Fashion lovelies defy Taliban in Pakistan's Peshawar

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Indy Lifestyle Online

Days after bombers tried to storm the US consulate, models defied the Taliban to sashay down a catwalk in Pakistan's troubled city Peshawar, flashing navels and exposing shoulders.

Organisers told AFP that the private fashion show, arranged by a private university in the northwestern metropolis of 2.5 million, was intended as a stress reliever in a city that has been hard hit by bomb and suicide attacks.

"The situation is very tense. The atmosphere is very stressful and we arranged this show to bring some entertainment and as an opportunity for young people to show their capabilities," Mohammad Yasir, an organiser, told AFP.

"It was a great success. More people came than we expected," he said.

Trussed up in glamorous confections of gauze and silk, western-style skirts slashed to the knee, towering gladiator heels and millinery, male and female models marched down the runway, smouldering and pouting late Wednesday.

There were bare shoulders, trousers hanging from the hips and tops slashed to well-toned navels - a far cry from the heavy veils, baggy trousers and body-hiding shirts favoured by the city's women in public.

Strict security was in force for the event at Deans shopping plaza in the heavily guarded and upmarket garrison-controlled central area of Peshawar where Indian Bollywood tracks and western pop blasted out of loudspeakers.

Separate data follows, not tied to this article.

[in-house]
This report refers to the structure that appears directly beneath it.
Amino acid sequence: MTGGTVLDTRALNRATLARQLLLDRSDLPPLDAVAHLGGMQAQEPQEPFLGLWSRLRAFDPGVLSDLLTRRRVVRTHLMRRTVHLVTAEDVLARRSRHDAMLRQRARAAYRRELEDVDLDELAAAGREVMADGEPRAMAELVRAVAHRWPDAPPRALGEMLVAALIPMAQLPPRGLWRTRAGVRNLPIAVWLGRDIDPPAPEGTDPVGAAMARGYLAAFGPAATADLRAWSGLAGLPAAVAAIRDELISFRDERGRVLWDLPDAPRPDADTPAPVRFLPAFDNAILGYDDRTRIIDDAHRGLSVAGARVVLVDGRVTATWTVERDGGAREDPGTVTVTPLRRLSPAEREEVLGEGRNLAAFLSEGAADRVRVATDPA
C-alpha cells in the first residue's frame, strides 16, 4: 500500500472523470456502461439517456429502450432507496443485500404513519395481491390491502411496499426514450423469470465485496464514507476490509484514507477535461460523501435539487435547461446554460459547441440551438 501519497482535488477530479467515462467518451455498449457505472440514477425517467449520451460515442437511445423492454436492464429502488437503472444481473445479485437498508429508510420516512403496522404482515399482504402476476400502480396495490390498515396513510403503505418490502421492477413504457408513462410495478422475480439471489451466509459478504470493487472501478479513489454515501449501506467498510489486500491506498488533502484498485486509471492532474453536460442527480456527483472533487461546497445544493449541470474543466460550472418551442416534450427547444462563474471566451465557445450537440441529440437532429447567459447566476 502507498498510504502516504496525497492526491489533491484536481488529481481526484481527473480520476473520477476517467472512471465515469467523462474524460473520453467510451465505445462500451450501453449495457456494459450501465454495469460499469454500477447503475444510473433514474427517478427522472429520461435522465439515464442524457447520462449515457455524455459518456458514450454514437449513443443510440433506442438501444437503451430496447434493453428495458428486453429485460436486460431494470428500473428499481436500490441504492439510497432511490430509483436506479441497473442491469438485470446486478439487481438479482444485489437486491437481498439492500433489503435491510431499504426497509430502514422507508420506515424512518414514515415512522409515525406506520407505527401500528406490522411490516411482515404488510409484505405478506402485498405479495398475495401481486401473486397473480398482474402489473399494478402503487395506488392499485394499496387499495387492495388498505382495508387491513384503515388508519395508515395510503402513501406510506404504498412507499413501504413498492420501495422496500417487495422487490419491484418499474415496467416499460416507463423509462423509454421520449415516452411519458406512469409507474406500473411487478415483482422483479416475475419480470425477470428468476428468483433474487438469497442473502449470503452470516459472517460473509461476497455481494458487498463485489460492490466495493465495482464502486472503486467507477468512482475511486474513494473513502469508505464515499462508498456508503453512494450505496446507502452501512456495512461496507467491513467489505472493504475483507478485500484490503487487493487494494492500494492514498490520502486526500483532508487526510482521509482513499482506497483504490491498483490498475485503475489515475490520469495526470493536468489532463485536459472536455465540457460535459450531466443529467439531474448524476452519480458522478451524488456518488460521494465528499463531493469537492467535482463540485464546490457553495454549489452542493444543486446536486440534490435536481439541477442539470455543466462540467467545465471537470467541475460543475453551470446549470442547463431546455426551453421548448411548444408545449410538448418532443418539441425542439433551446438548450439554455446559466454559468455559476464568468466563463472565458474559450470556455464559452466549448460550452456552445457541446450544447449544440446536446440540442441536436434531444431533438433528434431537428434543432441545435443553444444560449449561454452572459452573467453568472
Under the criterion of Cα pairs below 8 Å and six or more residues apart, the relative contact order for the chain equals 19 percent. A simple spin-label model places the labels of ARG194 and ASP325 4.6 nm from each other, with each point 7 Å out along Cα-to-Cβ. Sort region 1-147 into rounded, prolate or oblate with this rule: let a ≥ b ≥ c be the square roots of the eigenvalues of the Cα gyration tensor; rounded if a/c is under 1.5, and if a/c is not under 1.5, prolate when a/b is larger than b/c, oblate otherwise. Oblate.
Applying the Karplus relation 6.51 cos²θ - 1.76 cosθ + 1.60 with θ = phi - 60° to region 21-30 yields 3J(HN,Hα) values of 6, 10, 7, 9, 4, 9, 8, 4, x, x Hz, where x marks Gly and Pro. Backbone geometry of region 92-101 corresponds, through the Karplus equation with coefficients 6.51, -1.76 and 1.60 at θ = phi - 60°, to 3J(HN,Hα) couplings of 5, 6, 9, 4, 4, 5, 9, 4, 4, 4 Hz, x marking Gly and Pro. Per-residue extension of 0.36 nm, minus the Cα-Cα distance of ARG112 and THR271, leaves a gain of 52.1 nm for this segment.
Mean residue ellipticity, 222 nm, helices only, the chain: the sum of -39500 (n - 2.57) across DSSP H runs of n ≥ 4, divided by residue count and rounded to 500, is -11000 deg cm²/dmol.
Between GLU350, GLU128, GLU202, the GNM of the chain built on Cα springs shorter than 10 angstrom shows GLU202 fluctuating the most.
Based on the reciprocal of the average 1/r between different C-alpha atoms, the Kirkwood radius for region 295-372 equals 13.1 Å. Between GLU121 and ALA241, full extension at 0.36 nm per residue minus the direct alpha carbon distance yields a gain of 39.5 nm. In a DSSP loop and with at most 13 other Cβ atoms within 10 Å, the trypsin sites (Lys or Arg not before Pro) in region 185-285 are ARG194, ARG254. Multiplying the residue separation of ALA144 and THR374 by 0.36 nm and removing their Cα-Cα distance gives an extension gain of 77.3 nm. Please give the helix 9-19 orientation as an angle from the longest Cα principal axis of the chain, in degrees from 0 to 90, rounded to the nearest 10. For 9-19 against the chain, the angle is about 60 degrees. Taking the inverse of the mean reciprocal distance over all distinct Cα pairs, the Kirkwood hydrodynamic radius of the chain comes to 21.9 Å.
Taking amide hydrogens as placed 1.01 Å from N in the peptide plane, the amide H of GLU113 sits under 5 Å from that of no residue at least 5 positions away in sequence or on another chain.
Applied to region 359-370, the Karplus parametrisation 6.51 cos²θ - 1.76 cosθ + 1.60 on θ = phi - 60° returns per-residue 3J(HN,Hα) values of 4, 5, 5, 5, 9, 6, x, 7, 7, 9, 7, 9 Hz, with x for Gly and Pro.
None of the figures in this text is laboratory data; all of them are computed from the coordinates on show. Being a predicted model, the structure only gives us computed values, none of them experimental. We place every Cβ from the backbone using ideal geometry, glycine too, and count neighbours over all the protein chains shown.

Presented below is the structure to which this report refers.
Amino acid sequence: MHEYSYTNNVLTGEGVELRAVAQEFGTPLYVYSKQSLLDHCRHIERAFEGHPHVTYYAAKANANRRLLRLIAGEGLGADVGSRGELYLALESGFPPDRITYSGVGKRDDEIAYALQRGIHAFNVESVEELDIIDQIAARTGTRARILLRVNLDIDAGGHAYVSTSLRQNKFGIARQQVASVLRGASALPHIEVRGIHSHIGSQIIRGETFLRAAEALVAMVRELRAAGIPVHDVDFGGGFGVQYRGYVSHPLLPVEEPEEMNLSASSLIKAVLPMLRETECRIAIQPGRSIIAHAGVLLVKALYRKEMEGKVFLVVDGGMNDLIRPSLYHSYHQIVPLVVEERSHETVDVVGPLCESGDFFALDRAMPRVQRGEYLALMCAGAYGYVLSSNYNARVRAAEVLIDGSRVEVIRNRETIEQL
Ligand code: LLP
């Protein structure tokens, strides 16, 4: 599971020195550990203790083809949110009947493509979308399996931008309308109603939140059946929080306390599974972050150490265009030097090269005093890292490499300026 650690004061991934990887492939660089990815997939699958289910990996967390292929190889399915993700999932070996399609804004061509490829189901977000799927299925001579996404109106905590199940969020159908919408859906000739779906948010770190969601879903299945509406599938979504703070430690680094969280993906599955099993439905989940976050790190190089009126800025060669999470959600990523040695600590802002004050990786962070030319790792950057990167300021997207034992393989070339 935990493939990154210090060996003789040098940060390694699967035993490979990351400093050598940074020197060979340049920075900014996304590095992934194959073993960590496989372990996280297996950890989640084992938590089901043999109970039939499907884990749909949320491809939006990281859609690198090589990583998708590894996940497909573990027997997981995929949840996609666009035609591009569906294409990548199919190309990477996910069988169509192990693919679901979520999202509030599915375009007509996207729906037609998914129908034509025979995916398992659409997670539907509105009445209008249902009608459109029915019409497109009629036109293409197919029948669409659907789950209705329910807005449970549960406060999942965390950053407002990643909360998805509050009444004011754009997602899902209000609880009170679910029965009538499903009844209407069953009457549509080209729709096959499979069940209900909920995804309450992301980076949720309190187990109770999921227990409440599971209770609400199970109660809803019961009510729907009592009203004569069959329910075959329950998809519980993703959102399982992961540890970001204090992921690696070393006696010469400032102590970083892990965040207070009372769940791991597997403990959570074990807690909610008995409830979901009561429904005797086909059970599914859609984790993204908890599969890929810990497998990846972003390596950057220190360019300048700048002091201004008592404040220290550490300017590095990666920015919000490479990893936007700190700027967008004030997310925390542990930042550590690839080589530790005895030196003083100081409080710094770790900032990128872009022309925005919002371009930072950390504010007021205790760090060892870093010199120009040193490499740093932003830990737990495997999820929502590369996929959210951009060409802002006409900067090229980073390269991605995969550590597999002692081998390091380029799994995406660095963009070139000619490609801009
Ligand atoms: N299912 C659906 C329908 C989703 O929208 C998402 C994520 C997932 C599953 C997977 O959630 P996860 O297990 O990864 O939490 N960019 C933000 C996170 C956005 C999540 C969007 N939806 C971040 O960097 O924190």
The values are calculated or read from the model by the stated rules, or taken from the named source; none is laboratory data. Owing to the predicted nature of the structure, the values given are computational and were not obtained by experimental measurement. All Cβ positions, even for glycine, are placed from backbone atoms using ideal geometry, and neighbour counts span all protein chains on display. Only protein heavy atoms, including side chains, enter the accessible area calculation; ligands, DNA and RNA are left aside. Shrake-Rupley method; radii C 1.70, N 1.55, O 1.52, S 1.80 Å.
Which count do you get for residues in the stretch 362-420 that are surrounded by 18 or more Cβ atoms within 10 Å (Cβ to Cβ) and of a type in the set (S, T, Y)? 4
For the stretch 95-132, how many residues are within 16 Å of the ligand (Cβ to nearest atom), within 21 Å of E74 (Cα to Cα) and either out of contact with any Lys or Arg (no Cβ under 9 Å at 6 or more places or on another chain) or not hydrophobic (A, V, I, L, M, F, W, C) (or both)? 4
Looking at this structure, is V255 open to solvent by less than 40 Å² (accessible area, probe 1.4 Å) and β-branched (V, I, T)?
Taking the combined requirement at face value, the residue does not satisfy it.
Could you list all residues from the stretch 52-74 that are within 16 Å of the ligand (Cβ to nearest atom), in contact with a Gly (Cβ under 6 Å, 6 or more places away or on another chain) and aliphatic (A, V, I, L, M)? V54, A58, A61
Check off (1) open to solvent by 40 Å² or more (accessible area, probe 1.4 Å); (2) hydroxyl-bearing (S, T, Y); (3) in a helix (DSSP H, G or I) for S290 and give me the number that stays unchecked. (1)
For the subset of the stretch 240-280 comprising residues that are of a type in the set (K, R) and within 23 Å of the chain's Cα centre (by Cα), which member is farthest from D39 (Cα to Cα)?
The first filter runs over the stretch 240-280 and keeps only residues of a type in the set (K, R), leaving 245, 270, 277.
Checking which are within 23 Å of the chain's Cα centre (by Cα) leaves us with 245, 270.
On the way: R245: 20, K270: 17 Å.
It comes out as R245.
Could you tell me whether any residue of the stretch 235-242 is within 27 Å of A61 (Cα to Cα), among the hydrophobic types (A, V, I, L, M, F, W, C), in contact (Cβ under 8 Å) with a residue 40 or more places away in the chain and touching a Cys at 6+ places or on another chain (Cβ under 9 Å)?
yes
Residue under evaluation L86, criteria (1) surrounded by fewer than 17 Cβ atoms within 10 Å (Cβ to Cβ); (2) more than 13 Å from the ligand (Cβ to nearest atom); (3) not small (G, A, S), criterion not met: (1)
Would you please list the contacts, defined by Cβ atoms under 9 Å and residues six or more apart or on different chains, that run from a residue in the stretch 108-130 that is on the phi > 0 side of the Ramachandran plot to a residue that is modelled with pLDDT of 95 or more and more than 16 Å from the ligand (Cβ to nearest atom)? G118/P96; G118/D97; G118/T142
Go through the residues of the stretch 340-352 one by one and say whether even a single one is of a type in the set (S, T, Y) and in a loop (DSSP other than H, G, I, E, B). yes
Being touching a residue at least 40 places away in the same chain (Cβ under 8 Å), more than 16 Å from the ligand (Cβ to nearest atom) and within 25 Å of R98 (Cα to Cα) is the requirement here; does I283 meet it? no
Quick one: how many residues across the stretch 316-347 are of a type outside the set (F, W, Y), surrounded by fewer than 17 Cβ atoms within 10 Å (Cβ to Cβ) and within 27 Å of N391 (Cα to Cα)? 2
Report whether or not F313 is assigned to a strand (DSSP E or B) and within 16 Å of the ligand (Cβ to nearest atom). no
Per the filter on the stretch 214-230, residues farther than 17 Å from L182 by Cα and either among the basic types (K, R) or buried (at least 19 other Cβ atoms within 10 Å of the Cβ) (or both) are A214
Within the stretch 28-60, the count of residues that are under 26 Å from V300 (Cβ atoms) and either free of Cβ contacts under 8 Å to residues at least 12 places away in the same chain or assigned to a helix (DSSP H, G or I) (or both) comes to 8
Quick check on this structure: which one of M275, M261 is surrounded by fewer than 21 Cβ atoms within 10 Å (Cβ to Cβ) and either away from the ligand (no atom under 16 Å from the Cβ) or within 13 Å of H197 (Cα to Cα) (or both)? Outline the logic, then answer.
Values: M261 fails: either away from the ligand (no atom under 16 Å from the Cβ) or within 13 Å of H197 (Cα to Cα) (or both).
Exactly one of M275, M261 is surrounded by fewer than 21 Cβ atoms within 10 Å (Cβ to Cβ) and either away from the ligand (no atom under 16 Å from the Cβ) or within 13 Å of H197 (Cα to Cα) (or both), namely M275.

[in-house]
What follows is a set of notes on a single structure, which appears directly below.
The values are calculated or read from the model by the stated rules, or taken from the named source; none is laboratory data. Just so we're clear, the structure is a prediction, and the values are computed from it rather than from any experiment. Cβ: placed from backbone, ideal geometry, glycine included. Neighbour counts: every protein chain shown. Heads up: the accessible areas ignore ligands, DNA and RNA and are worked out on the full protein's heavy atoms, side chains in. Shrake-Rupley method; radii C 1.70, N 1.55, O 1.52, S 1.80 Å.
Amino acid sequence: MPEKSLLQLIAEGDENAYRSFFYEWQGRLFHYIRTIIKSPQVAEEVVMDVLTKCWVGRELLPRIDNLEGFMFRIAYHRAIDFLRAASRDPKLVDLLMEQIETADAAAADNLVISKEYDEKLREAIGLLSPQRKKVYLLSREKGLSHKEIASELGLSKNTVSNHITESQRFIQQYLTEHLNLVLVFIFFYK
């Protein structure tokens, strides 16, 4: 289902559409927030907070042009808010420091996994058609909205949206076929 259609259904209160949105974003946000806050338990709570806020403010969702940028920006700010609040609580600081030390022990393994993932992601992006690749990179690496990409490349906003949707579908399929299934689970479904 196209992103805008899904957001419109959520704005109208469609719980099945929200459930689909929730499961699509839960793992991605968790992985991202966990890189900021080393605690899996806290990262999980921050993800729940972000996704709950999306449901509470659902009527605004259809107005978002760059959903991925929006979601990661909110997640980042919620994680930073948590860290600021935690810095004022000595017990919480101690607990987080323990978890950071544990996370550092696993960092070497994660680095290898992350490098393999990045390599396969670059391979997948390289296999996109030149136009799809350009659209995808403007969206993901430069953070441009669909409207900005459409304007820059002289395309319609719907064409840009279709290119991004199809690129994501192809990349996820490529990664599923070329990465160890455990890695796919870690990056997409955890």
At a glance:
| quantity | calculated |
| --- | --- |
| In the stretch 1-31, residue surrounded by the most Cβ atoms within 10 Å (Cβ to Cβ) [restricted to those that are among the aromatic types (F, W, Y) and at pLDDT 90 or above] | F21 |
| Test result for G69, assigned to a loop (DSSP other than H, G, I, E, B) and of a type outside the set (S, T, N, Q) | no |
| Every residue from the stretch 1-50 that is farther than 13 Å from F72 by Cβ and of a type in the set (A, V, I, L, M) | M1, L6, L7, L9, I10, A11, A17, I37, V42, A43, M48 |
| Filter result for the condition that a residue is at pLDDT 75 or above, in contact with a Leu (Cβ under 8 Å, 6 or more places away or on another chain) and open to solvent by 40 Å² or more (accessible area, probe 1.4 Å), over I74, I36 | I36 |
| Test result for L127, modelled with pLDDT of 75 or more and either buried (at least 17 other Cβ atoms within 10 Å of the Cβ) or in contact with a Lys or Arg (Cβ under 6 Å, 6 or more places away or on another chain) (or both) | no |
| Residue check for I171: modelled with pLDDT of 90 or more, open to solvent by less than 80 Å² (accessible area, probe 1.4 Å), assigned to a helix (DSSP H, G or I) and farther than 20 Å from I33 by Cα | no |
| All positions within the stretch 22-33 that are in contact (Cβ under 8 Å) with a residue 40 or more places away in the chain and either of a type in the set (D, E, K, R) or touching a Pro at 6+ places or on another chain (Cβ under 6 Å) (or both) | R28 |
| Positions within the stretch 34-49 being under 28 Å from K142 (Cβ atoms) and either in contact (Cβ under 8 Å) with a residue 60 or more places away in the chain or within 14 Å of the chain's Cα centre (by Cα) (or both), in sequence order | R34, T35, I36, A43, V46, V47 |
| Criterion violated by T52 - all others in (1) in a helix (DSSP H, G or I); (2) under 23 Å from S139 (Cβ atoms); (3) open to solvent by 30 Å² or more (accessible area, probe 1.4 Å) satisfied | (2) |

The show took place just 15 minutes' drive from the American consulate - targeted Monday by Islamist militants armed with guns, grenades and suicide car bombs who killed five security officials.

"I am really happy that the fashion show was successfully held in this stressful environment of Peshawar," Maheen Raza, a dress designer told AFP.

While some models and designers came from the relatively moderate capital Islamabad, others live in Peshawar, one of the most conservative big cities in the country where fashion shows are rare.

The city lies on the edge of Pakistan's tribal belt - branded by Washington a global headquarters of Al-Qaeda and the most dangerous place on Earth, where a secretive US drone war is targeting top Islamist militant commanders.

The US consulate attack was the most audacious this year in Pakistan, where insecurity, particularly in the northwest, has raised concerns in the United States as Washington steps up the fight in Afghanistan and against Al-Qaeda.

Pakistan's Taliban claimed responsibility for the consulate attack, saying it was to avenge the US drone attacks and threatened further assaults on Americans.

The United Nations announced a two-day closure of its offices in Peshawar, citing security fears following a US consulate attack.

Around 3,200 people have been killed in suicide and bomb attacks over the last three years in Pakistan, blamed on militants opposed to the US alliance.